John Deere Maintenance Monday: Lawn mower spark plug condition | Living the Country Life

John Deere Maintenance Monday: Lawn mower spark plug condition

Having trouble starting your lawn mower? You may want to look at the spark plugs.

Radio interview source: Shane Louwerens, John Deere Ag Tech Instructor, Northwest Mississippi Community College

Listen here to the radio story (mp3) or read below

In this edition of Maintenance Monday, we're answering a question from Mark in South Carolina. He's had trouble getting his lawn tractor started and is suspecting a spark plug issue. However he's not sure how to tell if the spark plug is bad or something else is wrong.
 
Shane Louwerens is a John Deere Ag Tech Instructor at Northwest Mississippi Community College. He says the spark plug is a work horse. Just mowing a yard for two-hours means the plug will fire about a-million times. It carries thousands of volts and has to withstand high internal combustion and engine temperatures. Over time, the spark plug is going to break down, so if there are troubles, inspect it. 
 
"You pull your plug out and it's wet, then of course it's not firing because you have fuel on it, and you should not have fuel on it," he says. "It doesn't need to look burnt, discolored.  When you heat metal it turns kind of bluish and different colors. The ceramic insulation around the tip needs to be inspected, it shouldn't be chipping or powdery. It needs to be a real nice glassy-type condition."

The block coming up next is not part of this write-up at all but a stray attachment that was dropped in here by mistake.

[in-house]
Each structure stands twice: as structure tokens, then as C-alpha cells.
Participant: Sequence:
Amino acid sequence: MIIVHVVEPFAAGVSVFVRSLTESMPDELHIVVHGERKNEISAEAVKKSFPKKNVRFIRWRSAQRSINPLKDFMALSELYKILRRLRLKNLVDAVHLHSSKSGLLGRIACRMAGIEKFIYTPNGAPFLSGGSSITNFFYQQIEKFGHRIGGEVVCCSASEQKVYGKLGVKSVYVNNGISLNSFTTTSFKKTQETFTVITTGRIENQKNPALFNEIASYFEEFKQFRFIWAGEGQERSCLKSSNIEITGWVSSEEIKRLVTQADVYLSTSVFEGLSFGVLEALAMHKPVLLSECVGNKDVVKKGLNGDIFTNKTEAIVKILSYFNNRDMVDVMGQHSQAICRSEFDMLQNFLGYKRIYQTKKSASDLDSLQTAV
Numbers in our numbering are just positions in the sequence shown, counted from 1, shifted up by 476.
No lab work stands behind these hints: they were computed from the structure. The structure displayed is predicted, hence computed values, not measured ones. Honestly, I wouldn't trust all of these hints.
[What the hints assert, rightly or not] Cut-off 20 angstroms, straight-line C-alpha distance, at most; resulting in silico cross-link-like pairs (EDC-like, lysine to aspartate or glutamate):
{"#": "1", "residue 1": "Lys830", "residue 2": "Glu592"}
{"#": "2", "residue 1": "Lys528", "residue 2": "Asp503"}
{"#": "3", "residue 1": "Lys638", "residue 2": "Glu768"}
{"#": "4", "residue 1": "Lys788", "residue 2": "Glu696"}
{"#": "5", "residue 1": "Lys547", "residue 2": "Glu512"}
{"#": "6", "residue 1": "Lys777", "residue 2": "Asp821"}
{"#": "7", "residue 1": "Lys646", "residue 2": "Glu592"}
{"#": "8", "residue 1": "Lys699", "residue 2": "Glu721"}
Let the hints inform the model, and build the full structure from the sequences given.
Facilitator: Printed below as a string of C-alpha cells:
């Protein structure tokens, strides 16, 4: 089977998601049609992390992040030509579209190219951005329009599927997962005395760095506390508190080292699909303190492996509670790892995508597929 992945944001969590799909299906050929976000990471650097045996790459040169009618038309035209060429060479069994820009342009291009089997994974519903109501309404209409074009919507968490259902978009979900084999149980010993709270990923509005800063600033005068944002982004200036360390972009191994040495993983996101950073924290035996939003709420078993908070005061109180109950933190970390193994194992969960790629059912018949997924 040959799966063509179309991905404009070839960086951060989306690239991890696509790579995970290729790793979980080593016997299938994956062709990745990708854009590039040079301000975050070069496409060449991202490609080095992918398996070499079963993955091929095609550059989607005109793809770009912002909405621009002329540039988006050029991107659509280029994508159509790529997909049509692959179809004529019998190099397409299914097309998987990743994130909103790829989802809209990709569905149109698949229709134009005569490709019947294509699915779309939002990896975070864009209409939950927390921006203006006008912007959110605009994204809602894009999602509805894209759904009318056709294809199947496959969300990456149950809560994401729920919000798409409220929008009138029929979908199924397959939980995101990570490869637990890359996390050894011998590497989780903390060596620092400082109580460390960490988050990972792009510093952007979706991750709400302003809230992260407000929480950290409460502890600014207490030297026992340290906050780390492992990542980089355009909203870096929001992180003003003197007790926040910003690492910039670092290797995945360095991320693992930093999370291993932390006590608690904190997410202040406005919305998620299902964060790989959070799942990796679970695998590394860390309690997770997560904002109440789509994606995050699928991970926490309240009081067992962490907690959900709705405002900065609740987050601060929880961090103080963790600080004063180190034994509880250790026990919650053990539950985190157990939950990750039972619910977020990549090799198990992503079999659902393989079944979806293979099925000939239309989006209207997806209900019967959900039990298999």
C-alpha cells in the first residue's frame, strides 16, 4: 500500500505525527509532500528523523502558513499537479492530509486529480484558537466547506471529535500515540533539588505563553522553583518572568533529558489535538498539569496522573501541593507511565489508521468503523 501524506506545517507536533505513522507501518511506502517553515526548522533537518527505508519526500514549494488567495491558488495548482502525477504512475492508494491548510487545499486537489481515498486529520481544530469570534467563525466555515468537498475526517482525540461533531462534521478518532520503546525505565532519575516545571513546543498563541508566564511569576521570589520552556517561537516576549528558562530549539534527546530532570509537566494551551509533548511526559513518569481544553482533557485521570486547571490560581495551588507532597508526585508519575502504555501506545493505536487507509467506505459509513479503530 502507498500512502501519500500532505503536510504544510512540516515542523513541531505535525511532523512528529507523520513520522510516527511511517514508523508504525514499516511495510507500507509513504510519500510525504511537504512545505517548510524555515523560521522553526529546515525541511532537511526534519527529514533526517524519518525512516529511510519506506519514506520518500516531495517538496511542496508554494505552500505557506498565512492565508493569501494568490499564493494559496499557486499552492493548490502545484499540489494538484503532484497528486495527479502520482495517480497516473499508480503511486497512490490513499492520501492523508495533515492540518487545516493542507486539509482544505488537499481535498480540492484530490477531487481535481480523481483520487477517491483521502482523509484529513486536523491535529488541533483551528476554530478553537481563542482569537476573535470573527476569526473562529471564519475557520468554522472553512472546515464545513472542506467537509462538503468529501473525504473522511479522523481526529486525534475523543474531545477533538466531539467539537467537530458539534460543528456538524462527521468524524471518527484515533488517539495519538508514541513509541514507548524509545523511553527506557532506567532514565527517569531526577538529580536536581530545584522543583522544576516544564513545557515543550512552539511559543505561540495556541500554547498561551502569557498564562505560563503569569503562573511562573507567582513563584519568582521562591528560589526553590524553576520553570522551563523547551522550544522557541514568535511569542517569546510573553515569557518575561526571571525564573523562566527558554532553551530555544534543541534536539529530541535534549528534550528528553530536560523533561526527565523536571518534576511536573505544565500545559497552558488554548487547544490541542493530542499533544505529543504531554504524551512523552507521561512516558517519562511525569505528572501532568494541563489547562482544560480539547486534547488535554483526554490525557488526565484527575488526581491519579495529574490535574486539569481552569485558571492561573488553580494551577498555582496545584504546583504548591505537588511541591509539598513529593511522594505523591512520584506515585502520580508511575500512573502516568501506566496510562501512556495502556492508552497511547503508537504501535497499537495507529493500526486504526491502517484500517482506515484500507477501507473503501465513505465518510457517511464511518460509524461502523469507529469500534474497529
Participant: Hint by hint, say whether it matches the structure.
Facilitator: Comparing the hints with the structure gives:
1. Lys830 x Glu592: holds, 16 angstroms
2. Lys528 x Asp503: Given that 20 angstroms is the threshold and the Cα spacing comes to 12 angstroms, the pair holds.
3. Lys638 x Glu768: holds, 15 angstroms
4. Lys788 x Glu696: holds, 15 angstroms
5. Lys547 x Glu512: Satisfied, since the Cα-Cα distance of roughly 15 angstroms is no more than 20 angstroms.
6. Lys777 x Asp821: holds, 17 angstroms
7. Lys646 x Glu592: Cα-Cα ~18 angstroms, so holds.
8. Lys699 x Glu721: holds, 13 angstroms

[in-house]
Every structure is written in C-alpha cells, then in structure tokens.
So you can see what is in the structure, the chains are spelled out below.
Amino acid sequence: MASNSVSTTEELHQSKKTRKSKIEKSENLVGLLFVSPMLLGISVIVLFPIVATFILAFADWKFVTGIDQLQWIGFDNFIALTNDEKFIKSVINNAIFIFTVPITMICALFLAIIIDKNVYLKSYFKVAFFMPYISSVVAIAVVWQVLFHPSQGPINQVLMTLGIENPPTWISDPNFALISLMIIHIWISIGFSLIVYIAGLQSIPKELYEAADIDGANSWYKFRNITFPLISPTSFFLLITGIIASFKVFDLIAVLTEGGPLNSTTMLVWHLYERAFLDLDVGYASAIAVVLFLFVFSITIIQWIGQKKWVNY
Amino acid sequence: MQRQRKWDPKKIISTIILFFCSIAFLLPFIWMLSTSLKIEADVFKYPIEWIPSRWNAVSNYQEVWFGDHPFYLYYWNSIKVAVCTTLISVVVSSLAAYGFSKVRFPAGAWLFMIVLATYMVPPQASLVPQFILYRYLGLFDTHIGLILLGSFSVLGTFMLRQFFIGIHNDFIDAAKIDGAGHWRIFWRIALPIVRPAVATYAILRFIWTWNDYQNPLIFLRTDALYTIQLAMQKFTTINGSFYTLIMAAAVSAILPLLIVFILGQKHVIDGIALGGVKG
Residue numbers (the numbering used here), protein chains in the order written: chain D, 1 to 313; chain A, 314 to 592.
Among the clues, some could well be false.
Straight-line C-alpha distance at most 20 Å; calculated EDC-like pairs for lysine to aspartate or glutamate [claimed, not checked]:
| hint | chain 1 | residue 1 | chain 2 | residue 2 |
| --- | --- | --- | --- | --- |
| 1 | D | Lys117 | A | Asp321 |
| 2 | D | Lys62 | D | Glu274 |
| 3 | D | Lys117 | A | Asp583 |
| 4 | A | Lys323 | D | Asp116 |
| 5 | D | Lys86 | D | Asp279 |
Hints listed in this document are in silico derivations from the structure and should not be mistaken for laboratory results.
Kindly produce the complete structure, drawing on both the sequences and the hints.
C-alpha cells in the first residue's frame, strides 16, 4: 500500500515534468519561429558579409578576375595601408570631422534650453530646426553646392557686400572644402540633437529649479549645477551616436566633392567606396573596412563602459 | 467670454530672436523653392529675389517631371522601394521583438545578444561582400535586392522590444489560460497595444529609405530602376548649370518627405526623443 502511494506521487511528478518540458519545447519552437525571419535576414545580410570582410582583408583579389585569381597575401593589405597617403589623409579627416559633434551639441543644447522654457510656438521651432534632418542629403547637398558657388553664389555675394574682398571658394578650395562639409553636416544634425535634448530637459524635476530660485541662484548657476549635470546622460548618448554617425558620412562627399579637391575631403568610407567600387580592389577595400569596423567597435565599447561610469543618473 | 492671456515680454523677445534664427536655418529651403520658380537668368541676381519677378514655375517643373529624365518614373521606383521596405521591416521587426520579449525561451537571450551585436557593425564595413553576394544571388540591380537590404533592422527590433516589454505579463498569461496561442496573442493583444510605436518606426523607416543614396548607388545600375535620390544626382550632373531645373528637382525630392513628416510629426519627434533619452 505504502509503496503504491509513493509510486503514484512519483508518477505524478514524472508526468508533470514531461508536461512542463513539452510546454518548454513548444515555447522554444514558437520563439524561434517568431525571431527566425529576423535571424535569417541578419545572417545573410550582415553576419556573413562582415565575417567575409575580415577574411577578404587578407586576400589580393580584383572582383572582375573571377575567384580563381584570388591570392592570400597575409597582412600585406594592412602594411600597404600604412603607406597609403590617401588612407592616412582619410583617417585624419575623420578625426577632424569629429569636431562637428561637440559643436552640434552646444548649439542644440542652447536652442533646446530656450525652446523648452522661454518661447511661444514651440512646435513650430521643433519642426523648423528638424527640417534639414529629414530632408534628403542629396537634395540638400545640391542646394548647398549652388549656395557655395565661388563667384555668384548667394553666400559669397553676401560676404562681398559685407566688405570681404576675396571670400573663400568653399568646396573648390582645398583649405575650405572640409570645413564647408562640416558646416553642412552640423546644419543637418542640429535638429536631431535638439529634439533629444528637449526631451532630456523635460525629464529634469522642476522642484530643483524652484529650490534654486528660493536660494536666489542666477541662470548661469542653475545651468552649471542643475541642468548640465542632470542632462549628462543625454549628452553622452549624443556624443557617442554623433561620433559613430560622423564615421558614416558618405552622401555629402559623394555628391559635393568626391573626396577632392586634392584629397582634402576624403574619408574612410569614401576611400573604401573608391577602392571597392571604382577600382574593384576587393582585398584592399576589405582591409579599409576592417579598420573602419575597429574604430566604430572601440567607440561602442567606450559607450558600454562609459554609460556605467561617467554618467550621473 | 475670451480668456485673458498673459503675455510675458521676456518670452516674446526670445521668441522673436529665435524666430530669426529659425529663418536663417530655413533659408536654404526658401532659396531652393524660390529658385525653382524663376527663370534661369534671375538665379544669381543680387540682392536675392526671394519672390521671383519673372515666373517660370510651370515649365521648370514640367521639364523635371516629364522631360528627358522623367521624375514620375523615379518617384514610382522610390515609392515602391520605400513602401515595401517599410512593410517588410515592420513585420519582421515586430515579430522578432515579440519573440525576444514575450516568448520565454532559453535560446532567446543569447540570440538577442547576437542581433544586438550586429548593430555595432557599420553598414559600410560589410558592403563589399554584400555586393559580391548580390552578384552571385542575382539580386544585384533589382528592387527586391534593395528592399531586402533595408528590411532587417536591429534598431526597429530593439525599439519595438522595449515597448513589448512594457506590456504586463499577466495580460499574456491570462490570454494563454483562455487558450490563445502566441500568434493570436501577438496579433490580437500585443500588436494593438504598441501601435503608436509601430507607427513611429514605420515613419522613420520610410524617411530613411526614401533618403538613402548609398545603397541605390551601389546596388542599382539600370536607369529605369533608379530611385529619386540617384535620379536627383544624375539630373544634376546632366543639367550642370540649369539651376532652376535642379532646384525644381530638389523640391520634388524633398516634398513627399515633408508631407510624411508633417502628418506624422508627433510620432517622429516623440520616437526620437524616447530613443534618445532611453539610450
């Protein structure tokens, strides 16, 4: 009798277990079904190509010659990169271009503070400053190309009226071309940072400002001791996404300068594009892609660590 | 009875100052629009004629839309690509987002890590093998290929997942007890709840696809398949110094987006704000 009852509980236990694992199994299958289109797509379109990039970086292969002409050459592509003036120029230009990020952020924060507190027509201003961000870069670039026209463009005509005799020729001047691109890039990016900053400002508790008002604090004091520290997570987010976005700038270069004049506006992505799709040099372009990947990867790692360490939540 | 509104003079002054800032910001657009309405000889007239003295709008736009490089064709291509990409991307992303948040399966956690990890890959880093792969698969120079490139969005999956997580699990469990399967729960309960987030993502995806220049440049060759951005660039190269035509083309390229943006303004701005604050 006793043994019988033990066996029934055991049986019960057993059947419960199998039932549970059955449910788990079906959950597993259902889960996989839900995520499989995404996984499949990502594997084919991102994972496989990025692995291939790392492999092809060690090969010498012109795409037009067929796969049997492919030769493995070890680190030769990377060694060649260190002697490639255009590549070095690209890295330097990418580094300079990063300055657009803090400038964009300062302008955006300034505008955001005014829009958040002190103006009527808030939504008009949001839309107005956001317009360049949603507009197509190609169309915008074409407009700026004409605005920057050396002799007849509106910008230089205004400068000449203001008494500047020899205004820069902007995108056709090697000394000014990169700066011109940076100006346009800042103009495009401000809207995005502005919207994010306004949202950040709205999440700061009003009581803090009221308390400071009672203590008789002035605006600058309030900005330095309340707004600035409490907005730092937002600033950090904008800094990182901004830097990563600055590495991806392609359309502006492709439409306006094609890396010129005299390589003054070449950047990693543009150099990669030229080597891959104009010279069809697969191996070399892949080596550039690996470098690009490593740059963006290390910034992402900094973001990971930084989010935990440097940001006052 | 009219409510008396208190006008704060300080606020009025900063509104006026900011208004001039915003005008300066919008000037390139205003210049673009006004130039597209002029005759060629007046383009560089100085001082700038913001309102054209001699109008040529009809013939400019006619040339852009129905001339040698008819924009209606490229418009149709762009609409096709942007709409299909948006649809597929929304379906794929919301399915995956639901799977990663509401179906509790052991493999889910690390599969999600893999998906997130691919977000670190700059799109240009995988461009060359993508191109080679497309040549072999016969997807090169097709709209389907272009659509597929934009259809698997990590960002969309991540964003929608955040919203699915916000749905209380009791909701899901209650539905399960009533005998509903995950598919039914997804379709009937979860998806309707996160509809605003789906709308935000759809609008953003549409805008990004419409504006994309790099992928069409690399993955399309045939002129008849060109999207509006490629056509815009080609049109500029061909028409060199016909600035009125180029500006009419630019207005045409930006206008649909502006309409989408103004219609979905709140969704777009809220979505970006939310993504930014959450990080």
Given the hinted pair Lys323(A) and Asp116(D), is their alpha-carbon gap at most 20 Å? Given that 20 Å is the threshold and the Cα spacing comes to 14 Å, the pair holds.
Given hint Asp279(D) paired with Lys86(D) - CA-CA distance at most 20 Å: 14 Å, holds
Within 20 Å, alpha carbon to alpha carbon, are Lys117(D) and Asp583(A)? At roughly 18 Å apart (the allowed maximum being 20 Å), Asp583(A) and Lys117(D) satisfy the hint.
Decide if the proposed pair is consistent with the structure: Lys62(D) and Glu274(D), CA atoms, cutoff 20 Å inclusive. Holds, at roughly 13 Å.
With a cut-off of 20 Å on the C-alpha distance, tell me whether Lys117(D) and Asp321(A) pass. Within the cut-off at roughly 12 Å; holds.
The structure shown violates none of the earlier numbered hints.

If it looks fine, Louwerens says to check the plug wire to make sure there is electrical current reaching the spark plug. 
 
"Easy way to do it is take your plug out, put it in the wire, ground it to the frame or an engine part, and turn your key over holding the insulation of the plug wire," says Louwerens. "And if you see a spark, then of course you know your engine electrical part is working.  So it is actually throwing a spark, but that is when you need to check your spark plug gap, the distance between your ceramic and the actual tip."
 
Too small of a gap means too small of a spark. If the gap is too wide, it may be missing the connection because it's too far for the spark to jump. 

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